Gardai struggle to stem violence amid pressure on budgets
For 10 months gardai in Drogheda have been targeting two feuding gangs behind 80 violent incidents under a special policing plan known as Operation Stratus.
Armed checkpoints have become a daily occurrence and extra resources have been deployed to the area - but the bloodshed has continued.
This week the feud claimed its first victim and gardai are now braced for a backlash on both sides of the vendetta.
Despite an apparent increase in their resources, the question remains what more can gardai do to combat two crime gangs intent on killing each other?
In the last year there have been five attempted murders linked to the dispute in which innocent members of the public were lucky not to be killed.
One, in February, was carried out at the M1 Retail Park as families were shopping nearby.
In April, a man not involved in the feud but an associate of gang members was seriously wounded in a shooting outside a house.
The hitman's bullet missed a young woman by inches, while on Tuesday stray bullets lodged in cars while children looked on in horror at the shooting of Keith Branigan.
The criminals involved in the Drogheda feud clearly have no concern for who is hurt or killed as they carry out their deadly attacks.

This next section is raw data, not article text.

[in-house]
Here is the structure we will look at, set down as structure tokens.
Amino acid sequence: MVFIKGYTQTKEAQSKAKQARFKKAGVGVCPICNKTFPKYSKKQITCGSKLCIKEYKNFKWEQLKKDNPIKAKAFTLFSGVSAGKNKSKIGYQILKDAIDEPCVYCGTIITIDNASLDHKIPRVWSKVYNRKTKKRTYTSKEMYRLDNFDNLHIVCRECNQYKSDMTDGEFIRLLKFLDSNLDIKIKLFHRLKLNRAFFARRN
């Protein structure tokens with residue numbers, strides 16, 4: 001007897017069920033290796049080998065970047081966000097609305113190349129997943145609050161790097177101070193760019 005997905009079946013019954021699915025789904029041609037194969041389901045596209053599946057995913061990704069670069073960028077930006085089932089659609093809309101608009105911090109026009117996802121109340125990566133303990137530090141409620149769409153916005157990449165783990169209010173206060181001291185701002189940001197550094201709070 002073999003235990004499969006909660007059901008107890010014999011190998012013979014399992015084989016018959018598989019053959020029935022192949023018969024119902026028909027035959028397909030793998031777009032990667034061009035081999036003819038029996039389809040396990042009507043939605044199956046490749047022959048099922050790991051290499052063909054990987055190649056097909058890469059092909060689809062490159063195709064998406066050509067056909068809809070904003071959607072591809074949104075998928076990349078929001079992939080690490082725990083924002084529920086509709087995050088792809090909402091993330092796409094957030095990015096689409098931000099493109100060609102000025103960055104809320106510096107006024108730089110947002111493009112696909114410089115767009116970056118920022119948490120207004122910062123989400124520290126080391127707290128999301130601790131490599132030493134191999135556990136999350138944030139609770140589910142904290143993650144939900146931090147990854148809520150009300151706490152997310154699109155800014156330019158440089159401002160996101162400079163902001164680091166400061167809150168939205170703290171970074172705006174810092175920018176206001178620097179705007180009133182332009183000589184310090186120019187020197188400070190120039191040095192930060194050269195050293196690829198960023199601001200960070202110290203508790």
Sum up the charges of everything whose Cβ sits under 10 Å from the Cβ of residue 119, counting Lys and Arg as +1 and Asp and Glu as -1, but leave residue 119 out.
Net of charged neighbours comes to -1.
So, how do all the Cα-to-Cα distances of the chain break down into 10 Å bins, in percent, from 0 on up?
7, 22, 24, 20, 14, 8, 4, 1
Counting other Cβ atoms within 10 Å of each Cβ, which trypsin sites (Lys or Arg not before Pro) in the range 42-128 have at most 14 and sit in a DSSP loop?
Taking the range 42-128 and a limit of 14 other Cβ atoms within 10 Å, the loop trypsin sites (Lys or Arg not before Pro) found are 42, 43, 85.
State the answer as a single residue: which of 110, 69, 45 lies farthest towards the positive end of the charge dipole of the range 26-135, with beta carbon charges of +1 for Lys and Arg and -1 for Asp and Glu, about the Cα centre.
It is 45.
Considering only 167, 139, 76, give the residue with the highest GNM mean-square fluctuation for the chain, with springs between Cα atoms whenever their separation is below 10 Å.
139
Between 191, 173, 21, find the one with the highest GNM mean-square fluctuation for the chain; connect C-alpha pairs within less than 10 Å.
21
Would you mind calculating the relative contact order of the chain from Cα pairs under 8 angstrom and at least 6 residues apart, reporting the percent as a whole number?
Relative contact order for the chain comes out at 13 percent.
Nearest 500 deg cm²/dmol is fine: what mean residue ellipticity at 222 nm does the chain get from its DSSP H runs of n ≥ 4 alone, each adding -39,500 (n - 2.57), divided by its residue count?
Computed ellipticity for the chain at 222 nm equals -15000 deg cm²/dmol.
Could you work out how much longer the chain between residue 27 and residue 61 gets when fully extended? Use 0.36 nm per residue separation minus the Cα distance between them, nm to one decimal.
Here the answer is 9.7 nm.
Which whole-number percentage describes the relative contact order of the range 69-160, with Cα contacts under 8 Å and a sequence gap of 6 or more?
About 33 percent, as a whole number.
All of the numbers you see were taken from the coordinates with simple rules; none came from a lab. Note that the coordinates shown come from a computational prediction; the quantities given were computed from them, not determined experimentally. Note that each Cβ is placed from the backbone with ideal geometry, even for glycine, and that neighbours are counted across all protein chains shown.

Senior investigators have moved to reassure the local community that they have had successes against the mobs, with arrests, detections and prosecutions. But still, the bloodletting has continued and shows no signs of abating.
The feuding has all the hallmarks of the dispute in Limerick a decade ago, when a small number of criminals intent on violence terrorised the wider community.
A similar approach to that used to crack down on the McCarthy/Dundon mob is needed in Ireland's largest town 24/7, with direct policing against those involved.
The no-nonsense approach in the Treaty County led to gang members making costly mistakes and the eventual implosion of the criminal group.
But, with gardai under pressure to keep budgets in the green following an overspend in recent years, will the purse strings be loosened to allow for a round-the-clock approach to target and dismantle the Drogheda gangs?